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**1. Homework Statement**

My textbook takes a look at the [itex]\Delta(1232)[/itex] particle

It says that

[tex]\left|\pi p;\frac{3}{2},\frac{3}{2}\right>=\left|\pi;1,1\right>|N;\frac{1}{2},\frac{1}{2}\right>[/tex]

where N stands for a nucleon and pi could be any of the three flavours of pion.

They then go on by applying ladder operators (not explicitly, this is not at that level yet) to give

[tex] \left|\pi p;\frac{3}{2},\frac{3}{2}\right>=-\sqrt{\frac{1}{3}}\left|\pi^+ n\right>+\sqrt{\frac{2}{3}}\left|\pi^0 p\right>[/tex]

My question is how they came up with that

**2. Homework Equations**

Clebsch Gordon coefficients

For now use the wikipedia source but if you can suggest a better source please suggest it

http://en.wikipedia.org/wiki/Table_of_Clebsch-Gordan_coefficients

**3. The Attempt at a Solution**

Is the isospin of the pi+ is 1 and the isospin of the proton is 1/2?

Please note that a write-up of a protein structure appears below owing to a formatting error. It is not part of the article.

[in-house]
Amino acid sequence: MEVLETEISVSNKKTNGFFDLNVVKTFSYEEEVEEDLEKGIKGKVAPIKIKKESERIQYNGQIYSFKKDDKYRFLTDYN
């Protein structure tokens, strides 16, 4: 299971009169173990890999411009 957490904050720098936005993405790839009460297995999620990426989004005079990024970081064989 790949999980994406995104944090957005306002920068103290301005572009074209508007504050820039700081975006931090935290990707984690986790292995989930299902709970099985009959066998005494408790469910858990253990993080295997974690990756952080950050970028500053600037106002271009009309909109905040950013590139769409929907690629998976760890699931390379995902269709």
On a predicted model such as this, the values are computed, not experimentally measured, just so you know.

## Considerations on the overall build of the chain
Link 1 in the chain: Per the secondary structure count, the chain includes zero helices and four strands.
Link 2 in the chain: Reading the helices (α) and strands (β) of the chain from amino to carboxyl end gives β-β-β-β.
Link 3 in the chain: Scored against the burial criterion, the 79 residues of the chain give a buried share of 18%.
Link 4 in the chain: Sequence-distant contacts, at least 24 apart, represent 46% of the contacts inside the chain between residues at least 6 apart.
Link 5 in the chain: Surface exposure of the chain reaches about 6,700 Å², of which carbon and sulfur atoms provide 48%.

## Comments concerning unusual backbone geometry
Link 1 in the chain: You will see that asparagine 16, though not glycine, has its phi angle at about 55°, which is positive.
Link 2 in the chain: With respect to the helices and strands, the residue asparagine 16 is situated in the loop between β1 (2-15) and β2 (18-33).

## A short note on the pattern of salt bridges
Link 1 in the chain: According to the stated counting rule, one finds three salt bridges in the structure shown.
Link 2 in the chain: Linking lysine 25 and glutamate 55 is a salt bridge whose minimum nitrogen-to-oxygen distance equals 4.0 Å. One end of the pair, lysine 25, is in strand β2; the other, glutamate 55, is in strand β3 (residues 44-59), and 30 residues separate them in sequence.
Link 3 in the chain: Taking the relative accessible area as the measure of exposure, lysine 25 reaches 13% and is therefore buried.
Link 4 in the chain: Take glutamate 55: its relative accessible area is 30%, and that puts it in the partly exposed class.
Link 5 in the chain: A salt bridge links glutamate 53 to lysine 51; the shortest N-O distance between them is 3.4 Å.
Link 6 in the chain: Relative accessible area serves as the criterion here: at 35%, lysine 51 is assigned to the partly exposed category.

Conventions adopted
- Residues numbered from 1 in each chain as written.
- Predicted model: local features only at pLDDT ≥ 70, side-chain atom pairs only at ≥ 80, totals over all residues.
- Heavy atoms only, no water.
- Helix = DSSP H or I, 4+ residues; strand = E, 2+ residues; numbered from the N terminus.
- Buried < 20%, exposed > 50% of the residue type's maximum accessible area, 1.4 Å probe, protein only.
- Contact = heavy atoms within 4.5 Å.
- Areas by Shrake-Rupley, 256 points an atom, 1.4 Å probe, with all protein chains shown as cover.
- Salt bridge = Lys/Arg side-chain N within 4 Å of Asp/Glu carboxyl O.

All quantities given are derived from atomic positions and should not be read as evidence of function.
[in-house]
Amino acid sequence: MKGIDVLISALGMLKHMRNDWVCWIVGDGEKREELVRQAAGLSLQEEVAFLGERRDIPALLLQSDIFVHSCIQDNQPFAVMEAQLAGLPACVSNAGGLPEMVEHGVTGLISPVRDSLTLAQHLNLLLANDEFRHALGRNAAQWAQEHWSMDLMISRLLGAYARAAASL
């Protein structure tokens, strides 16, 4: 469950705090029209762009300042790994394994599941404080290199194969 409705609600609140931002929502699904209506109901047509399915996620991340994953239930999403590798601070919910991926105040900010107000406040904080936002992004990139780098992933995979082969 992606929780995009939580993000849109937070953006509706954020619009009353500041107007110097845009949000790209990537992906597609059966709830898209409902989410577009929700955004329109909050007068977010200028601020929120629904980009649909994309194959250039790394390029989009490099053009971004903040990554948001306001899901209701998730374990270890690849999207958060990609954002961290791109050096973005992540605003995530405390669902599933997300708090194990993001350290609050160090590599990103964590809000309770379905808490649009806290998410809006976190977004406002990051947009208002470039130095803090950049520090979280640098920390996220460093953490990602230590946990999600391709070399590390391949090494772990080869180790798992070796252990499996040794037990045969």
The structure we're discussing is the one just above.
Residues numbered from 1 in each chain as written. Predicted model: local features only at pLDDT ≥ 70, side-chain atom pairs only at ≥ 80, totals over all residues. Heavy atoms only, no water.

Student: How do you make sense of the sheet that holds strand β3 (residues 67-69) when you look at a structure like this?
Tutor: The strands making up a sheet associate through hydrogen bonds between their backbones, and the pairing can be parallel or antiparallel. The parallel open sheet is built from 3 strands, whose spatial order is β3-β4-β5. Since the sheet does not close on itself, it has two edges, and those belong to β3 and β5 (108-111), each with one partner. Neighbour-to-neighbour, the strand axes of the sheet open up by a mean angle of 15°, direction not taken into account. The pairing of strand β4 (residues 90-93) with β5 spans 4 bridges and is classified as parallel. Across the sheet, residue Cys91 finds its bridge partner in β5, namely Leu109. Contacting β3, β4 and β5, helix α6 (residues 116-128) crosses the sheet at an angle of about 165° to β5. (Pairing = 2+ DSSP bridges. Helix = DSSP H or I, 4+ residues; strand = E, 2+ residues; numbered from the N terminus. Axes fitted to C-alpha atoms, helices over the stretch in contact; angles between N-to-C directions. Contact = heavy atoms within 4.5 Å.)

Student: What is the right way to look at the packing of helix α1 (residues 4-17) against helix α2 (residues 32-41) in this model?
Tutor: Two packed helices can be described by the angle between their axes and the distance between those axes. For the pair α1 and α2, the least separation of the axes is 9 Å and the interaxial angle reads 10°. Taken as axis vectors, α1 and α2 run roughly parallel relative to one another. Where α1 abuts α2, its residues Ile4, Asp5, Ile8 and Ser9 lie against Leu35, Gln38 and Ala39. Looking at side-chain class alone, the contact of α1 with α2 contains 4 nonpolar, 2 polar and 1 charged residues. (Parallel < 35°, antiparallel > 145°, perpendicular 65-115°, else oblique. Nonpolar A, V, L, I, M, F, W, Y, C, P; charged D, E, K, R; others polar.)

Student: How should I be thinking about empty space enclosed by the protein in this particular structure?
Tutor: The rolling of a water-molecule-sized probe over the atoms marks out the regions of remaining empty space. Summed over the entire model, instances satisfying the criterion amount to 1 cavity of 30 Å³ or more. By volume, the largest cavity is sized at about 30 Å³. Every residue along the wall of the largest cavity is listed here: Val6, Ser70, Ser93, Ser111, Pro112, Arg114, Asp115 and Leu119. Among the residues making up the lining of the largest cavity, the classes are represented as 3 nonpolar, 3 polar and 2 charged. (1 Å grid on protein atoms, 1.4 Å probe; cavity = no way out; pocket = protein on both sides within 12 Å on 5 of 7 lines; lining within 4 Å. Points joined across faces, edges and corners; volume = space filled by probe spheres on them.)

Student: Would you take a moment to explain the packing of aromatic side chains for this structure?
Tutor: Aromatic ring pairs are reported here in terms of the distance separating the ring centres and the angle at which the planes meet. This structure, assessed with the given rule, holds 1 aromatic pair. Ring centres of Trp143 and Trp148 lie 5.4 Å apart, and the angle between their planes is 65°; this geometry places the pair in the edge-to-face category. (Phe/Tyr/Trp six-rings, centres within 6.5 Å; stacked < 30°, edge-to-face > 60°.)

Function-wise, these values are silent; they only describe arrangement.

in either case how did they come up with the coefficients of -root 1/3 and root 2/3??

the two spin values are j=1 and j=1/2. so we see two possiblities,

first is m=3/2

why is this possibility rejected?

the other possibility is where m=1/2

there are two possible j values. Look at the m1 values i could tell which woul the pi+/-/0 possibility. But the only way i would know if there was a neutron or proton would be to deduce it from the pion's spin and charge? Is that correct?

Also while reading the CG coefficients, is the j,m of the decaying particle, and then j1, and j2 of the products?

Thank you for all your help and advice!

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